Easy to use Berthing & Mooring Aids for Power and Sail Boats


We had bought our first moored boat and went to use it after it had been on the mooring for about 6 months. We started the engine and put it in gear but it did not move. The shaft was rotating and I thought the prop had fallen off. I got a diver to check this but the prop was still there but was heavily barnacle encrusted. He scraped the barnacles off the prop but I remained sceptical that this would be effective. I was absolutely astounded that the boat now performed normally!

I tried a range of solutions including application of specialised coatings but nothing was effective for more than 6 months. The only solution at that time was to have a diver scrape the prop regularly which was both inconvenient and costly. Cruising North Queensland was a special problem with crocks, stingers and large sharks making diving risky. A better solution was needed.

I began to research marine fouling and discovered the following:

  • Copper and its alloys are naturally resistant to biofouling
  • Mariners have used copper sheathing for many years to resist biofouling
  • Many props are made from manganese bronze
  • Manganese bronze is actually a brass rather than bronze
  • Bronzes are alloys of copper and tin (and often other metals as well)
  • Brass (including manganese bronze) is an alloy of copper and zinc (and sometimes other metals)
  • Manganese bronze props in a salt water environment suffer from zinc depletion causing the component to become porous and fail structurally
  • Manganese bronze props require zinc anodes to avoid zinc depletion
  • Zinc anodes negate the natural biofouling resistance of copper and its alloys
  • Aluminium bronze (with low aluminium content) resists corrosion in salt water without the need for zinc anodes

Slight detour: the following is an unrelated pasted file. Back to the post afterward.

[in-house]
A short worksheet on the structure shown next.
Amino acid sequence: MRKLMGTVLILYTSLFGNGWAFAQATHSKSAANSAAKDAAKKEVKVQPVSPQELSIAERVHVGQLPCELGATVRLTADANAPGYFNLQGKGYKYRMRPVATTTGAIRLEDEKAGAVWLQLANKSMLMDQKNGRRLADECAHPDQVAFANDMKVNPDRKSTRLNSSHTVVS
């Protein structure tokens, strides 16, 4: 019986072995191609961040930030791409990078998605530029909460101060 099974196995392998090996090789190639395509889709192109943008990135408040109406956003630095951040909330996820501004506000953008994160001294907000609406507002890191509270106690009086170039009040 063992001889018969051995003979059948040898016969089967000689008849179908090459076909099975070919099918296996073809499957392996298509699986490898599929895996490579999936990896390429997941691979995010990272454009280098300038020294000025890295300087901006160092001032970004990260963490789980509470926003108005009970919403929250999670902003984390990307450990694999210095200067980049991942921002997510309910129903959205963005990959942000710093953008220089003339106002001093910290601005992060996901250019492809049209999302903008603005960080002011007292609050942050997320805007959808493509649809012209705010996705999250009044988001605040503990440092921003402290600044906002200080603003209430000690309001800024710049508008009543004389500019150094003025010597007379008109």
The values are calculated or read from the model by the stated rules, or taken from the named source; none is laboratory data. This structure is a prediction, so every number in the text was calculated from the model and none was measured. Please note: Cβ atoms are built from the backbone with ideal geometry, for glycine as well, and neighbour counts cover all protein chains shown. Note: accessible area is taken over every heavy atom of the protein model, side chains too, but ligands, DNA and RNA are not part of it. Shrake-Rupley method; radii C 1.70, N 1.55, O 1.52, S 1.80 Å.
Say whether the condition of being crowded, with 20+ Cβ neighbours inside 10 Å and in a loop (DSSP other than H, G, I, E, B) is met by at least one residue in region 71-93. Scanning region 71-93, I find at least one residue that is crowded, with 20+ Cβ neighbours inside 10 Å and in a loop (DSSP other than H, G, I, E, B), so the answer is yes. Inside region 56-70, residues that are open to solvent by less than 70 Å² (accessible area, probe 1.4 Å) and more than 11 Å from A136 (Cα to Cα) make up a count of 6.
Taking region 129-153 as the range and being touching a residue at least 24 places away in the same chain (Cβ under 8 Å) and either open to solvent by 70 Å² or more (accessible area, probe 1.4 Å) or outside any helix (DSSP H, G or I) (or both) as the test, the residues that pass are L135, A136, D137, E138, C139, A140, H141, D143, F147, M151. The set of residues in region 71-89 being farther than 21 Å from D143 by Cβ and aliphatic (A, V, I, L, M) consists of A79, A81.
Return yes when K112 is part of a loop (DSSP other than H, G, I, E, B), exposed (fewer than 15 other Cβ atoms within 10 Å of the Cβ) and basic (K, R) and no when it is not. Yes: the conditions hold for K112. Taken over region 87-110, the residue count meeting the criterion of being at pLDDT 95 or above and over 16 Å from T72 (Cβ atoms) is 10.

I made up a test piece consisting of stainless bar attached to copper tubing and hung it off my mooring for about 3 months.

The photo shows the result.  The stainless bar is heavily encrusted with barnacles but there is no sign of barnacles on the copper tube. Some erosion of the copper is evident as anticipated but when cleaned the stainless bar showed no sign of corrosion.

As a result, I removed the zinc anode from my aluminium bronze prop at haulout time and anxiously awaited results when the boat was relaunched.

I dived on the prop at 3 months and all seemed ok.

At the 12 month mark I slipped the boat and carefully examined the prop. As the photo shows only a few barnacles are attached to the prop blades and these were easily removed. They probably would have been detached if the boat had been used regularly.

One casting on the hub of the prop had some minor pitting and reddish marks that suggests some iron inclusion in the alloy used. There was absolutely no sign of pitting on the blades and when the heavy coating of barnacles was removed from the shaft no evidence of pitting could be seen. The hub was subsequently painted and a copper "anode" as added in an attempt to avoid further pitting of the hub casting.

Due to unavoidable circumstances the boat remained on its mooring unused for 18 months before being slipped for maintenance (normally conducted annually). The photo below shows the result. 

The barnacles on the prop were very easily removed suggesting that they may have been detached if the boat had been regularly used. In contrast the shaft was very heavily encrusted and the barnacles were difficult to remove but once they were removed there was no pitting on the shaft. The copper tube "anode" at the rear of the prop consisted of a number of lengths of different diameter copper tubes concentrically fitted. One or two tubes had eroded completely and the remainders show evidence of corrosion indicating that the "anode"was working. There seemed to be no additional pitting of the prop hub casting. The barnacle encrustation at the outer end of the "anode" has formed on the stainless washer and "anode" retaining nut.

The tube "anode" was removed and replaced with a more substantial copper "anode".


After nearly 16 Months without any attention, I dived on the prop to inspect it. There were only 3 barnacles on the prop blades and they were easily removed. In contrast the shaft was heavily encrusted with firmly attached barnacles which were removed with some difficulty. There was no indication of corrosion or pitting on either prop or shaft. The copper "anode" had some erosion as expected.

Please note that the above information is provided for interest only and is not intended to be regarded as a prescriptive guide for others to follow. Considerable care needs to be exercised  when experimenting to avoid unintended erosion of props, shafts and other items such as skin fittings etc. Each boat is different in either design, construction or operation. That said, it is hoped that someone with more knowledge of the subject than I can further develop barnacle resistant props for all.